My five-year-old son loves books. As a school librarian, I would be upset if he didn’t. But he may well grow into an adult who doesn’t love to read. It would sadden me if this were to happen, but let’s face it: most people in this world are not readers for a variety of reasons. As educators we promote great titles, model good reading habits, and design learning activities and projects that center on inquiry to develop lifelong readers. But what if our students don’t know how to read or have trouble doing it? Too often, we think learning to read is the responsibility of classroom teachers, while we librarians teach students to love to read. Well, we can promote all the titles and book lists we want, but if a student can’t read, it won’t matter.
There are lots of online resources out there to help students with phonics and sight word practice, especially since phonics is not typically taught beyond the elementary level. But the problem with skills done in isolation is they don’t always connect students to the learning objectives we want them to meet – in this case, to read.
For example, my son knows all his letters and sounds. But when you put two or more letters together to sound out to make a word, he doesn’t seem to process it. He thinks of letters as individual units because that’s how he’s used to approaching them. My son experiences reading as a process done for him (i.e. mommy or daddy or grandma reading a book aloud). He loves to watch or listen to books online, but again, the book is read to him. He doesn’t read himself. And for some kids, the transition to reading as a process they do themselves can be frustrating. Our ENL (English as a New Language) students experience similar feelings. They might be new to reading or new to reading a different language. But the challenges are the same: taking ownership of a process that is difficult and time-consuming. Who wants to go through the laborious task of sounding out each word when someone else can read the book to you in-person or online? And that’s in addition to knowing vocabulary, developing fluency, and comprehension.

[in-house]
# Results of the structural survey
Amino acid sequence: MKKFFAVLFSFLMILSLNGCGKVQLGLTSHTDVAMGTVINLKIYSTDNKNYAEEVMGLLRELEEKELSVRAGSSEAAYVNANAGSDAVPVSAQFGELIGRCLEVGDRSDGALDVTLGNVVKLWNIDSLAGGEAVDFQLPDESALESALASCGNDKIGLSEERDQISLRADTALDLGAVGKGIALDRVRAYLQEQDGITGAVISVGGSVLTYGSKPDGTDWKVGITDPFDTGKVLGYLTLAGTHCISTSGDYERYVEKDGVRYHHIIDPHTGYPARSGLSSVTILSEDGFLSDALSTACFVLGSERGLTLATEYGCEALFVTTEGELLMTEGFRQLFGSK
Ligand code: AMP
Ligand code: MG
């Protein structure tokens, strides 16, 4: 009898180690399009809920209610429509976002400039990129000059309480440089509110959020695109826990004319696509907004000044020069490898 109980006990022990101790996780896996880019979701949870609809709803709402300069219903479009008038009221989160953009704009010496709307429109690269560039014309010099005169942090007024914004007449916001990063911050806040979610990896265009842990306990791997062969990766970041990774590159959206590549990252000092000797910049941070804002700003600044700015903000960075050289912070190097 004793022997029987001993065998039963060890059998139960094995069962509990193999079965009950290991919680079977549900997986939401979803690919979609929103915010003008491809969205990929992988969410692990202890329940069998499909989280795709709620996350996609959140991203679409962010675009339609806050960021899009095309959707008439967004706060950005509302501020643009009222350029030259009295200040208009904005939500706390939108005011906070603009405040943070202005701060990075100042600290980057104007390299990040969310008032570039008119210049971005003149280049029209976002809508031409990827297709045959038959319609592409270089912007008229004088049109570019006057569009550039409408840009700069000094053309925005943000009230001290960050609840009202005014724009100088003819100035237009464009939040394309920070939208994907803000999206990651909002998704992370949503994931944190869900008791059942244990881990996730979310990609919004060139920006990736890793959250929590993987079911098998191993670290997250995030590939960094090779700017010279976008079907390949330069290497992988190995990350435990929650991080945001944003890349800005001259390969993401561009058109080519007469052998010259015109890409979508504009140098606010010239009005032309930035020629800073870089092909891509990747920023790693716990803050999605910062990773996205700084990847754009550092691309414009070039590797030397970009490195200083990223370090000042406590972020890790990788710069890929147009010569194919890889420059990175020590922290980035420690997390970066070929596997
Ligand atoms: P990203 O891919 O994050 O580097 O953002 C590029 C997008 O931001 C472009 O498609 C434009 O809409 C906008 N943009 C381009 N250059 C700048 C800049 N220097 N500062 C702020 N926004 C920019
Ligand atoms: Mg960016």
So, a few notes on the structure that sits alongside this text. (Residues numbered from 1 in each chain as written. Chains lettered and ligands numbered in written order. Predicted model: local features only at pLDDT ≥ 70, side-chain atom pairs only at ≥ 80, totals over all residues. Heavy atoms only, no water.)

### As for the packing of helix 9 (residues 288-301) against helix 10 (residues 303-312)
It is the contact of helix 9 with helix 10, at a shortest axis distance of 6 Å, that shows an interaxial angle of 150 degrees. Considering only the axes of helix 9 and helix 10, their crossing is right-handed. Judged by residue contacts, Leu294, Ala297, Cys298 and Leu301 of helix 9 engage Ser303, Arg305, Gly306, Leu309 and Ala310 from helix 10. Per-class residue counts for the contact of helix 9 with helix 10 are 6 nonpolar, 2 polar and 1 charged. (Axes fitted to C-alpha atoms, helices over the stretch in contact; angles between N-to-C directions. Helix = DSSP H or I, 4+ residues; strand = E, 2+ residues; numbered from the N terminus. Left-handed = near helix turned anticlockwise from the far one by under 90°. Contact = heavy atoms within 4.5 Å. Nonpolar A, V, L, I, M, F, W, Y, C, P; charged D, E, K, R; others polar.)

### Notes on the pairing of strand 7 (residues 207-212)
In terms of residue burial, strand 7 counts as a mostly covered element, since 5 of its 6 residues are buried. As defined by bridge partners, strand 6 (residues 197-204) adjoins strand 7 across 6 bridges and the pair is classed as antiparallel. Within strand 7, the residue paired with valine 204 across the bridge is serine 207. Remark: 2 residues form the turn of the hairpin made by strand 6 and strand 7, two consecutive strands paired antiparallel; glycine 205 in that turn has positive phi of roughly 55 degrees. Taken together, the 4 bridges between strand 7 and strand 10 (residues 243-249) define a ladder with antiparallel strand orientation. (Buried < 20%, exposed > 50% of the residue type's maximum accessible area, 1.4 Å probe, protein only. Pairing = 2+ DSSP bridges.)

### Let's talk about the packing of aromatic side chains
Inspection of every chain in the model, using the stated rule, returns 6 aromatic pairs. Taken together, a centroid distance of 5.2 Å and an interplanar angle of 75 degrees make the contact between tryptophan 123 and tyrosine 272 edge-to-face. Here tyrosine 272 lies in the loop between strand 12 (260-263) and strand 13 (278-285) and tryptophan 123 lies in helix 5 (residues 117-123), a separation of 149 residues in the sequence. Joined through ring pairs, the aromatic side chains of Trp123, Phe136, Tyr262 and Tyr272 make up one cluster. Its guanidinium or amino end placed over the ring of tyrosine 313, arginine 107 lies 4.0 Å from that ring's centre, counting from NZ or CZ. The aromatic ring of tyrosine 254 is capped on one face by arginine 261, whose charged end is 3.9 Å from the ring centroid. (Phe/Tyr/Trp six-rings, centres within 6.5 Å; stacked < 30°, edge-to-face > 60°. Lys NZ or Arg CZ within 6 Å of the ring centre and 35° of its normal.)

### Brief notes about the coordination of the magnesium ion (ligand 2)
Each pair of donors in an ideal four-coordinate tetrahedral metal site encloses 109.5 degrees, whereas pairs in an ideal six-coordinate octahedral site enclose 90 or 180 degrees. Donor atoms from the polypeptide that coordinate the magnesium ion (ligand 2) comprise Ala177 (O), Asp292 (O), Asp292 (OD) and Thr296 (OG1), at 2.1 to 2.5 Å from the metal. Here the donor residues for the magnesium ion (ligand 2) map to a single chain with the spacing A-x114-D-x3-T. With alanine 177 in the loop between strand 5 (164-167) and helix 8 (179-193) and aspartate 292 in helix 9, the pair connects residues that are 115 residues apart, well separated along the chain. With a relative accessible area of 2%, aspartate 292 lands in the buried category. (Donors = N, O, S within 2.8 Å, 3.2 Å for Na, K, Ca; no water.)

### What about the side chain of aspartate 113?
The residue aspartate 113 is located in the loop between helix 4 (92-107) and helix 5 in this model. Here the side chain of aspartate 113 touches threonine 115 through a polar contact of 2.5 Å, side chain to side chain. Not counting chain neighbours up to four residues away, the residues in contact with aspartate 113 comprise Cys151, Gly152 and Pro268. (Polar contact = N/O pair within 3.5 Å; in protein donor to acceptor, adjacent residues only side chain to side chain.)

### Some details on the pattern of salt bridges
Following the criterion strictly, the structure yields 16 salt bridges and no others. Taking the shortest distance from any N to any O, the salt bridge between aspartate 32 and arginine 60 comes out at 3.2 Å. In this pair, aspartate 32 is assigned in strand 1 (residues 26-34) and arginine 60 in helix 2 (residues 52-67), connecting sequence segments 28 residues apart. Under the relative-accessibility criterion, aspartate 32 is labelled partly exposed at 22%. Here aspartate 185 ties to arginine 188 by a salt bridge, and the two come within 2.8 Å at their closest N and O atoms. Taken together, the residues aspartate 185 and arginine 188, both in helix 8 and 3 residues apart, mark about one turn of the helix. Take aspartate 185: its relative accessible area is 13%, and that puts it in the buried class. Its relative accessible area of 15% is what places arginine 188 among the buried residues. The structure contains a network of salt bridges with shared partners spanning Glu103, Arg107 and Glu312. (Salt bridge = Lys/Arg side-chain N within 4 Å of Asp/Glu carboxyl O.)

But if our students don’t learn to read now, they never will.
Audio, and now digital audio books, are touted as great tools to help struggling readers. They help students to access books, but I think one of their strongest uses is to model reading words out loud. Encourage students to practice sounding out words by themselves or reading to someone else (a sibling, friend, parent, us) and compare their reading with what they hear from the audio book. Students could even record their reading to check for pronunciation, pacing, and expression. Digital audio books are not “seen” by other students, so older students reading books for a younger audience don’t have to feel embarrassed. For print books, high-low titles with mature themes and large print are also invaluable additions to support struggling readers.
As a school librarian and parent I’ve instilled the delight of stories with my son, but not the love of learning how to read. He does have a strong auditory memory and can recite whole books out loud. I pare his recitation with my finger by pointing at each word as he says them. I am hoping this builds his sight word knowledge, which is another skill you can model with struggling readers. But, at the end of the day they have to learn to decode words (much like they have to do with media. See my post from December). I plan to have my son “read” to one of his stuffed animal friends by sounding out simple books he doesn’t know. I think once he understands reading is something he can do on his own and is good at, he will read.
I will miss reading books with him as the years go by, but letting go is an essential part of the learning process for teacher/student and parent/child!
Author: Leanne Ellis
I am a School Library Coordinator for the New York City Department of Education’s Department of Library Services. I plan and deliver workshops, provide on-site instructional and program support to school librarians, coordinate programs, administer grants, and am program coordinator for MyLibraryNYC, a program administered with our three public library systems.